OgilvyOne turns 21,000 pantone color chips into paper pixel emoticons
all images courtesy of OgilvyOne
OgilvyOne is well versed in the areas of creative digital communications, and more traditional print works, and decided to realize a project that blends these two disciplines into an art installation for their very own london office. the result is ‘paper pixels’ (originally conceived by OgilvyOne senior designer hiten bhatt), which has seen the agency’s design team transform two structural columns in their workspace into ten-foot high mosaics of emoticons – the quintessential icon of the digital landscape.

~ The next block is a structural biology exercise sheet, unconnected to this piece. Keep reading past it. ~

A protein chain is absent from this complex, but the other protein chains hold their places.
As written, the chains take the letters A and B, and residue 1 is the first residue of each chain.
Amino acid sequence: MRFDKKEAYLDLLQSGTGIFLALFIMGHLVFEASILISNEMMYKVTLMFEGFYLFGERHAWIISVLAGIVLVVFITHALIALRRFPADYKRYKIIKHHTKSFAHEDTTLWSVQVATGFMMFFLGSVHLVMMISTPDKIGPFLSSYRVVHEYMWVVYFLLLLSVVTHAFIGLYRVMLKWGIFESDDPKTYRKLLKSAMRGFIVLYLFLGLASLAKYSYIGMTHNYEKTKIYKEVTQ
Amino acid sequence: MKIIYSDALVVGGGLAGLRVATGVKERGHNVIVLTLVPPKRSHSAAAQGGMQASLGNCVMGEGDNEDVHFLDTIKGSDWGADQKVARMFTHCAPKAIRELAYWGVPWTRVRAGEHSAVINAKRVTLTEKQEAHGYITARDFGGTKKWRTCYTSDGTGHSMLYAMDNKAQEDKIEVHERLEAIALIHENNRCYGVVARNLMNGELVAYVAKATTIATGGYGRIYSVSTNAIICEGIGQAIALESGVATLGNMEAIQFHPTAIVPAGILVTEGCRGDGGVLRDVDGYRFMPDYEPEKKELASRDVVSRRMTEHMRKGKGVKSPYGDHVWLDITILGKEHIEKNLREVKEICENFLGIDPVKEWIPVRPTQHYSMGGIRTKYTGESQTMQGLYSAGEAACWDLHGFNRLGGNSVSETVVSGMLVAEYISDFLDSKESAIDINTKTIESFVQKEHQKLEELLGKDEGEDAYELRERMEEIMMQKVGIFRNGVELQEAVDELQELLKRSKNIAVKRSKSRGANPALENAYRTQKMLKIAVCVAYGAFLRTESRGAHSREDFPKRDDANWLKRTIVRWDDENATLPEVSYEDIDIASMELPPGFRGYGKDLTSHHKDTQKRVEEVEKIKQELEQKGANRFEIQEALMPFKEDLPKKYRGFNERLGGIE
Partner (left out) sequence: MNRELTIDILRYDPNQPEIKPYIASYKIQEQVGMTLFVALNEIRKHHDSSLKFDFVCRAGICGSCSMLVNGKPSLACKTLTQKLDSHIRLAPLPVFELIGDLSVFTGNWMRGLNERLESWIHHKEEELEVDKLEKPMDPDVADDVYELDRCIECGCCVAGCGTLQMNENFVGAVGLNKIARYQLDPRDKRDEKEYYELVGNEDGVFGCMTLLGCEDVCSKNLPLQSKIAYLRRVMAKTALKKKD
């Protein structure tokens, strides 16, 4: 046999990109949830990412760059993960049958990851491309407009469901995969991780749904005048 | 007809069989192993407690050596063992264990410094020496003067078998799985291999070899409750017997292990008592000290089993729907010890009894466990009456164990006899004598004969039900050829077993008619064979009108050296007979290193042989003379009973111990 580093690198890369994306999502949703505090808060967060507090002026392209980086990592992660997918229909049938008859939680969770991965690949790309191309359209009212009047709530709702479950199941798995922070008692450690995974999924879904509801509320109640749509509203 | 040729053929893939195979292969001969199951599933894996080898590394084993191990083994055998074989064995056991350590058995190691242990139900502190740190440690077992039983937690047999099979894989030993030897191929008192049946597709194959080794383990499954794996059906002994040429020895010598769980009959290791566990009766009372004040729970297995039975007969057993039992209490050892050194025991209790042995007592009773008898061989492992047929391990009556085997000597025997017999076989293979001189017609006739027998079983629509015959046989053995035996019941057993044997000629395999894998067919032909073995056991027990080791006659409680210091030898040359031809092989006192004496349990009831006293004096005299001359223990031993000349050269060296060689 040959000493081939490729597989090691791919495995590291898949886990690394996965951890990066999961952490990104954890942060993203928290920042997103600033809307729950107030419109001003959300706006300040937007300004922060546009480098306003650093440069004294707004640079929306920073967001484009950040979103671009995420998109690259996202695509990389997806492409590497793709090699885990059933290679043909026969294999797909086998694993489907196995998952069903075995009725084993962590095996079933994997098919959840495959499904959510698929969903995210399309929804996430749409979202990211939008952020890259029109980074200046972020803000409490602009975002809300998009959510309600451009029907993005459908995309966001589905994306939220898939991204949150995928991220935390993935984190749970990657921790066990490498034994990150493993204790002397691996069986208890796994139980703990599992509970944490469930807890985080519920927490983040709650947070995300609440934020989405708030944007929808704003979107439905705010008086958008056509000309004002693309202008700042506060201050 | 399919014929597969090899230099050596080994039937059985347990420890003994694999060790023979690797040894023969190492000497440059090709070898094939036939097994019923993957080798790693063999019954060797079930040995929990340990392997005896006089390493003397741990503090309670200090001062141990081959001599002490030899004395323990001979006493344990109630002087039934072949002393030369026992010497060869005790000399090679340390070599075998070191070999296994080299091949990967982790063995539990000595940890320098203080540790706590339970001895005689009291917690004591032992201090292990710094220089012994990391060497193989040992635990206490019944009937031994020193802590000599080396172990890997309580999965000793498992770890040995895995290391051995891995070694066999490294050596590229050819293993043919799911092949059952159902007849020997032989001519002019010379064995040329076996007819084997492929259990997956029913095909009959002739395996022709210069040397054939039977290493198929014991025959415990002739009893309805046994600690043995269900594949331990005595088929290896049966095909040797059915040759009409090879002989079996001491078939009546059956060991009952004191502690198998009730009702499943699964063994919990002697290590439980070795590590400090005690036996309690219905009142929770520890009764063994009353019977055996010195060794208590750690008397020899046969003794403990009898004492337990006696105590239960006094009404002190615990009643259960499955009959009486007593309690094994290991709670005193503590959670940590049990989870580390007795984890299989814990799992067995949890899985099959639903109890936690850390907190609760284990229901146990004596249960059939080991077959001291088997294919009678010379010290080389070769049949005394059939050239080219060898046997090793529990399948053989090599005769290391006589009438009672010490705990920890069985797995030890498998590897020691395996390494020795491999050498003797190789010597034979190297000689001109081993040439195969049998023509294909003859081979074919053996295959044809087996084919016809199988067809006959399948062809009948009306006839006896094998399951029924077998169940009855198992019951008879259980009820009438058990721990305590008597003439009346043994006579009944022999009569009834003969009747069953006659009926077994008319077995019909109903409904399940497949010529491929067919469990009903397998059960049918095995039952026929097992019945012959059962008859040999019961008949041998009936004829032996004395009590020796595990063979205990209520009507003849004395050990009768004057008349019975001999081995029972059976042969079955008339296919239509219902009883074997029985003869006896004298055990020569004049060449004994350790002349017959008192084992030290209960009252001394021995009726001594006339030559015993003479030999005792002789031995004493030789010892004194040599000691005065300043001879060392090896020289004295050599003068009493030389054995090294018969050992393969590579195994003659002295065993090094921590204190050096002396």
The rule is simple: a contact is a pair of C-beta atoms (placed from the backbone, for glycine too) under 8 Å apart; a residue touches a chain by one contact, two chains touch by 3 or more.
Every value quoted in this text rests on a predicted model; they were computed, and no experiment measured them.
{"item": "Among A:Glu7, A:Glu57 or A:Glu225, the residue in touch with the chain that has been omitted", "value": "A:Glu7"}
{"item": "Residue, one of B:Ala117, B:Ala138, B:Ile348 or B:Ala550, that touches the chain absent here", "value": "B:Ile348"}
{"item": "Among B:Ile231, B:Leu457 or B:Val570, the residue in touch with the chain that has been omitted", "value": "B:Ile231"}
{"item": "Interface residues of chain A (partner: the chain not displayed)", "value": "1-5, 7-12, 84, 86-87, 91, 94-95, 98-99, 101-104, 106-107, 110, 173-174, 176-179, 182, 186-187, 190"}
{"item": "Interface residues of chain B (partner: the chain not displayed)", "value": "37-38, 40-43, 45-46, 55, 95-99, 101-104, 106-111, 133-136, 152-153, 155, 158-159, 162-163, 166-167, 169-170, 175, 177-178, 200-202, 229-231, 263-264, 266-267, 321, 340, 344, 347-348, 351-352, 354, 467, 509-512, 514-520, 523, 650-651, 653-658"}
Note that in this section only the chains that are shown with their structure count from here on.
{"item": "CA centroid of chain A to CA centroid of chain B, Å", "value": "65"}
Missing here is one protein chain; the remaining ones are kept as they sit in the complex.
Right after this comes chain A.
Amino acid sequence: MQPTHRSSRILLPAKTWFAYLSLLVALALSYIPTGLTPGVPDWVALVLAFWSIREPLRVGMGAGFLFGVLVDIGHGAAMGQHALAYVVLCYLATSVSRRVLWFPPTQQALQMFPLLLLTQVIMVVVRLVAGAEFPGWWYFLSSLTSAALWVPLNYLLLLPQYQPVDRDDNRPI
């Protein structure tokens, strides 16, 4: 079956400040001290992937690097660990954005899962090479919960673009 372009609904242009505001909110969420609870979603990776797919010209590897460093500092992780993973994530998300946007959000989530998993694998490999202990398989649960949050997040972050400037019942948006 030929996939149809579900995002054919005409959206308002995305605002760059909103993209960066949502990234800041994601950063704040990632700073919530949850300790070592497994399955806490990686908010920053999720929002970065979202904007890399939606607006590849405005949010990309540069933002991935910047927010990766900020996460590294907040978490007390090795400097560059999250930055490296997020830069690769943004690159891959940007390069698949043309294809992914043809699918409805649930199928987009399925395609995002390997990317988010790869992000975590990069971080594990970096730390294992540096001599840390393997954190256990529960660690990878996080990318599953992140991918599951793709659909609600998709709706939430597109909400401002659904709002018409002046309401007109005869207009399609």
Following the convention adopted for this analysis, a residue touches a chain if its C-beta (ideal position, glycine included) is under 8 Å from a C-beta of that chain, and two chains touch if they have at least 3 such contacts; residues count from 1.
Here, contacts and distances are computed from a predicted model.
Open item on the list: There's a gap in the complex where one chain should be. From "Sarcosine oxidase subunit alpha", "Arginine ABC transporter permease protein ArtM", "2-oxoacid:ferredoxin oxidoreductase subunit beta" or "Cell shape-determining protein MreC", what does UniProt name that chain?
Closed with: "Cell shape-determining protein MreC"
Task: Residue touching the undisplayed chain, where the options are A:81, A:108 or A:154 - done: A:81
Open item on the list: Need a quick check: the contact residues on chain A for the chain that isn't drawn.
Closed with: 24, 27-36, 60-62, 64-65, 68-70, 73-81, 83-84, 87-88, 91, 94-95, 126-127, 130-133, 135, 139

installation view of the ‘paper pixel’ emoticons
to create the artwork, more than 21,000 ‘real pixels’ – an arrangement of one inch-square pantone color chips – were needed, all hand assembled by 12 individuals over the course of 52 hours. for four months, members of the team tore chips out of more than a hundred pantone swatch books (supplied by pantone after sales director for pantone EMEA, paul graham, found out about the project) to complete the two massive emojis; the placement of each pixel randomized in order that the graphic design seemingly appears to grow organically when captured through time lapse photography.
rory campbell, head of design says ‘just like pixels on a screen, up close you can’t see the image, but at a distance the emoticons come to life. this optical illusion has made the design department an eye catching area, uniting the print and digital teams.’